This news comes just as some states begin to meet federal air pollution standards. For example, last year was the first time in 20 years that five counties in Tennessee were in compliance, mainly by burning less coal and increasing the use of public transportation; air quality has significantly improved in Georgia over the last decade, as well.
Still, air pollution in communities across the country are at extremely high levels. This is especially true in the South, where chemical and fossil fuel companies have been allowed to operate on their own terms for decades. The Trump administration has made clear it will continue loosening industry regulations; now it plans to make it more difficult for scientific research to guide future protections. In doing so, not only could it harm public health, it could also erode the last bit of trust many of these communities have in researchers, government, media, and science.
Stories worth your time
“Buried Truths” is a new podcast from WABE out of Atlanta hosted by journalist and professor Hank Klibanoff that examines racially-motivated killings in the South. The story is about three black farmers who decided to vote in rural South Georgia in 1948, and the horrific things white supremacists did to make sure they couldn’t. “This is not a whodunnit. We know who did it. Here, you’ll learn the why. Who were we? Who were we as a people that allowed this to happen? Because when we understand who we were, we can better understand who we are.”
A Politico investigation reveals how the Trump administration held a double standard while handling relief efforts for Hurricane Harvey in Texas and Hurricane Maria in Puerto Rico. A few numbers from the story: “nine days after Harvey, the government had 30,000 personnel in the Houston region, compared with 10,000 at the same point after Maria. It took just 10 days for FEMA to approve permanent disaster work for Texas, compared with 43 days for Puerto Rico. Seventy-eight days after each hurricane, FEMA had approved 39 percent of federal applications for relief from victims of Harvey, versus 28 percent for Maria.”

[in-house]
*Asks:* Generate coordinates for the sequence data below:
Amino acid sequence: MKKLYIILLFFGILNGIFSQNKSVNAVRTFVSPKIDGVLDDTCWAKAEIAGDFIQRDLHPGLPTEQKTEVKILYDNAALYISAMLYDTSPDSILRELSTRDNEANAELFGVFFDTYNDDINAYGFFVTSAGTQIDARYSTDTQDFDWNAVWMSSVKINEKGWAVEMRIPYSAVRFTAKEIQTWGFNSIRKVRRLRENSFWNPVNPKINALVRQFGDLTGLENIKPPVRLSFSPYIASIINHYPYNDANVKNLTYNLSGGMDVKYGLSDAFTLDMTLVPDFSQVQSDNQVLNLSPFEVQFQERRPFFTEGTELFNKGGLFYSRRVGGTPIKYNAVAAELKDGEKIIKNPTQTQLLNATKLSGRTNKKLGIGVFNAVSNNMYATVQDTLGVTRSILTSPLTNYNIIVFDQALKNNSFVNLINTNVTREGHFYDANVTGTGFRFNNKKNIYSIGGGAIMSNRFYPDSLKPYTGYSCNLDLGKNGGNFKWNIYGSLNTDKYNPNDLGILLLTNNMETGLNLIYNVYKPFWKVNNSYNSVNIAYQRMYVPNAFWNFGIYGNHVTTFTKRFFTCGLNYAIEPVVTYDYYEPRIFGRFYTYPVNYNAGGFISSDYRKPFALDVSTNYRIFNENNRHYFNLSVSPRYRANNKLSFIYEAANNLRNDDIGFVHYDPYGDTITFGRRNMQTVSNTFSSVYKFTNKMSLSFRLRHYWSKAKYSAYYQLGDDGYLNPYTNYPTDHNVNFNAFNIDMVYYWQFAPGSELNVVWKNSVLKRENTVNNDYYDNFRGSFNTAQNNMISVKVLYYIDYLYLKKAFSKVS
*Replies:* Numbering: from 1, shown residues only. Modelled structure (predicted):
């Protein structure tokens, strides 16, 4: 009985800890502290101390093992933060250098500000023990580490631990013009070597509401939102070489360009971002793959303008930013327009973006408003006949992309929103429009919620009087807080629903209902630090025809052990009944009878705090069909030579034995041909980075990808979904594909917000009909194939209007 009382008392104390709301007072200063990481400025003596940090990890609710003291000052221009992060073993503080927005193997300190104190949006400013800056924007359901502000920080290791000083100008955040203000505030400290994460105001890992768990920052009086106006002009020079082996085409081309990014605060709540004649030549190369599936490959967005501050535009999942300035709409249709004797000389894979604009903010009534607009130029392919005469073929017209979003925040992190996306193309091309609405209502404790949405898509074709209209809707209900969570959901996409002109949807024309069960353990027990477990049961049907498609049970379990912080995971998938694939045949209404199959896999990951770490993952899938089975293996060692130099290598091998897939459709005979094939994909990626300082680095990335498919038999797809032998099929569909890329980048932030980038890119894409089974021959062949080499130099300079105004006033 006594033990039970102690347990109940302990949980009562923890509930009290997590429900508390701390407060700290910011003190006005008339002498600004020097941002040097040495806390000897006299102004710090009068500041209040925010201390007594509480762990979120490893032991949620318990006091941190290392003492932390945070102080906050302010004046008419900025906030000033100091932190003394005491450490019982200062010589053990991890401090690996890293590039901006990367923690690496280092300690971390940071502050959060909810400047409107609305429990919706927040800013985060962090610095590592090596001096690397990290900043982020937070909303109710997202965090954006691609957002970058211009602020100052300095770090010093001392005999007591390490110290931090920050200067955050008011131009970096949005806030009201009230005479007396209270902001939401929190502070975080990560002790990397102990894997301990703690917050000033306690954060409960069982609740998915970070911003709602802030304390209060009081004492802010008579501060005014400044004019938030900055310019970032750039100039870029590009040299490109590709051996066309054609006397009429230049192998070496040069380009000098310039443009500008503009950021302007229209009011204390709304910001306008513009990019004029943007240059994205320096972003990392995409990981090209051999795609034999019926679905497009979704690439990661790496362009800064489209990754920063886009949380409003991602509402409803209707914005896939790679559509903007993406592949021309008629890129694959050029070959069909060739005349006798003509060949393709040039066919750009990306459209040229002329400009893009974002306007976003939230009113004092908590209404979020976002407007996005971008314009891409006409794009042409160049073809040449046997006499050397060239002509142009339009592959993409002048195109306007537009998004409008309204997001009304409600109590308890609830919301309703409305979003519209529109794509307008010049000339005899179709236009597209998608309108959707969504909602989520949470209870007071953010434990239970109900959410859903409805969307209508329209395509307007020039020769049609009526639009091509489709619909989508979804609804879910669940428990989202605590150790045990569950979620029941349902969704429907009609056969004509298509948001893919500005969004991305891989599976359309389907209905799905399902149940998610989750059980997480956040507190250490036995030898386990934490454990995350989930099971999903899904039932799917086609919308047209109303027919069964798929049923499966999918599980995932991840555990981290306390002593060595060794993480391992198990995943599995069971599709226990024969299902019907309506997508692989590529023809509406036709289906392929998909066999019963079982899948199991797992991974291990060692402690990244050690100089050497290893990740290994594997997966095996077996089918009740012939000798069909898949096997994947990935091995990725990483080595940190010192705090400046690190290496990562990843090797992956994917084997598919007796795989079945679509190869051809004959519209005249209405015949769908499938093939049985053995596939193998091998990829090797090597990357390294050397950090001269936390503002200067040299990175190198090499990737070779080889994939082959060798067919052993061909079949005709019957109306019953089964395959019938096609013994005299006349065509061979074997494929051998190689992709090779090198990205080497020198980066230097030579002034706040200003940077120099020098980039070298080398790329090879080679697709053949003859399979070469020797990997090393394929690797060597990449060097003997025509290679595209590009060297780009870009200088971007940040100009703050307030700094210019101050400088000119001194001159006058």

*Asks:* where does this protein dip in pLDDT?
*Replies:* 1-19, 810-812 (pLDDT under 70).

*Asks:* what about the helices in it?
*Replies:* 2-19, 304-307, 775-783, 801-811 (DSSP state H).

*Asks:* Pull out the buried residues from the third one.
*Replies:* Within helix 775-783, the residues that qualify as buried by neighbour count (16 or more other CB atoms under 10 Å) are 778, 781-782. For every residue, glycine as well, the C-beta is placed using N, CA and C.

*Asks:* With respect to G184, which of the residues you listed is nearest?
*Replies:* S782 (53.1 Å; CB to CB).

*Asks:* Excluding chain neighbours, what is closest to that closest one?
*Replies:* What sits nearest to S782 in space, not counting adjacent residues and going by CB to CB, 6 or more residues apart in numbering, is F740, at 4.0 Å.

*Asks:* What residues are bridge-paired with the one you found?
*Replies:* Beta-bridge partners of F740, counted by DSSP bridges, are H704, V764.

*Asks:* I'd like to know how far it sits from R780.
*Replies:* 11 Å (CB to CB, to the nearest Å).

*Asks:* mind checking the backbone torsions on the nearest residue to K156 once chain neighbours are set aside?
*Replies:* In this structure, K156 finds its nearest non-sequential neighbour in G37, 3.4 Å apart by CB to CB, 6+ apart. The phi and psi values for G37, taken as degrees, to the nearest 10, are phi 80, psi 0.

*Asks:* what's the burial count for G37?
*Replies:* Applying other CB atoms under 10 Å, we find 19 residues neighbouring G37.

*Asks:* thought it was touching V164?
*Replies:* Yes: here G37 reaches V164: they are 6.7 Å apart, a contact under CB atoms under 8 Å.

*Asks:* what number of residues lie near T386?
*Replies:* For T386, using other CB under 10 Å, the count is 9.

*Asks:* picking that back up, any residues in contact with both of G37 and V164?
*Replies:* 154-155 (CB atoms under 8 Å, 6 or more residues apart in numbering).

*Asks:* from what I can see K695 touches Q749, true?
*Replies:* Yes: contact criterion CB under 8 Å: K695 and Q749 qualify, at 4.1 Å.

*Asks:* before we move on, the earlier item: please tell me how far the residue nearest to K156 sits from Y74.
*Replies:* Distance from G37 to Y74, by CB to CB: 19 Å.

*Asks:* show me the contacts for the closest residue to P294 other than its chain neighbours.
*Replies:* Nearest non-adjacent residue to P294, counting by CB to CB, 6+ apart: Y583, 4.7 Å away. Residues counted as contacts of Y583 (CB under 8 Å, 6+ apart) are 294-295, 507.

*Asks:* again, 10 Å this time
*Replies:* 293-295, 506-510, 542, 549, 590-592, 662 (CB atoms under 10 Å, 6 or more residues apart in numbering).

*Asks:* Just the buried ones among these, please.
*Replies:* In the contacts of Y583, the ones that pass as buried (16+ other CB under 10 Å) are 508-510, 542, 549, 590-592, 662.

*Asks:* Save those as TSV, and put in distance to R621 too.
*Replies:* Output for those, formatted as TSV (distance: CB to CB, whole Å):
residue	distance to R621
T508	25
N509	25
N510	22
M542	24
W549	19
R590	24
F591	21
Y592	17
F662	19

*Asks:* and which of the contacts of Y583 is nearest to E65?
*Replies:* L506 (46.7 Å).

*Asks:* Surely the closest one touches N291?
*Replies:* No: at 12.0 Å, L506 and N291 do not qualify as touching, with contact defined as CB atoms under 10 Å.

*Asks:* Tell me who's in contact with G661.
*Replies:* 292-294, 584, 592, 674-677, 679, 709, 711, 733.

News flying under the radar
Funding for 28 black lung clinics in 15 coal mining states will increase to $10 million from $2.7 million. It’s the first time in at least two decades that the federal government has agreed to provide the maximum funding authorized by law in 1977. But in Kentucky, a workers’ compensation reform bill may make it harder for miners with black lung to get benefits and tilt the process in favor of coal companies.
An auction of 77 million acres in the Gulf of Mexico last week yielded few bids from oil and gas companies: they bid on 1 percent of the acreage, and the government made only $125 million off the winning bids.
A Louisville, Kentucky teenager built an app that allows people to track odor complaints around the city. A recent Courier Journal investigation revealed there have been 6,000 odor complaints since 2012; the city gets an average of three calls a day about “unpalatable aromas.”
Virginia’s Department of Environmental Quality approved erosion, sediment and storm water control plans for the Mountain Valley Pipeline, which means it can begin full construction.
Last year in Florida, home builders lobbied to pass a bill to loosen building codes, even when insurers, engineers and safety advocates opposed it. Three months later, Hurricane Irma hit. Now other states are easing up on building restrictions too, even as the effects of global warming intensify.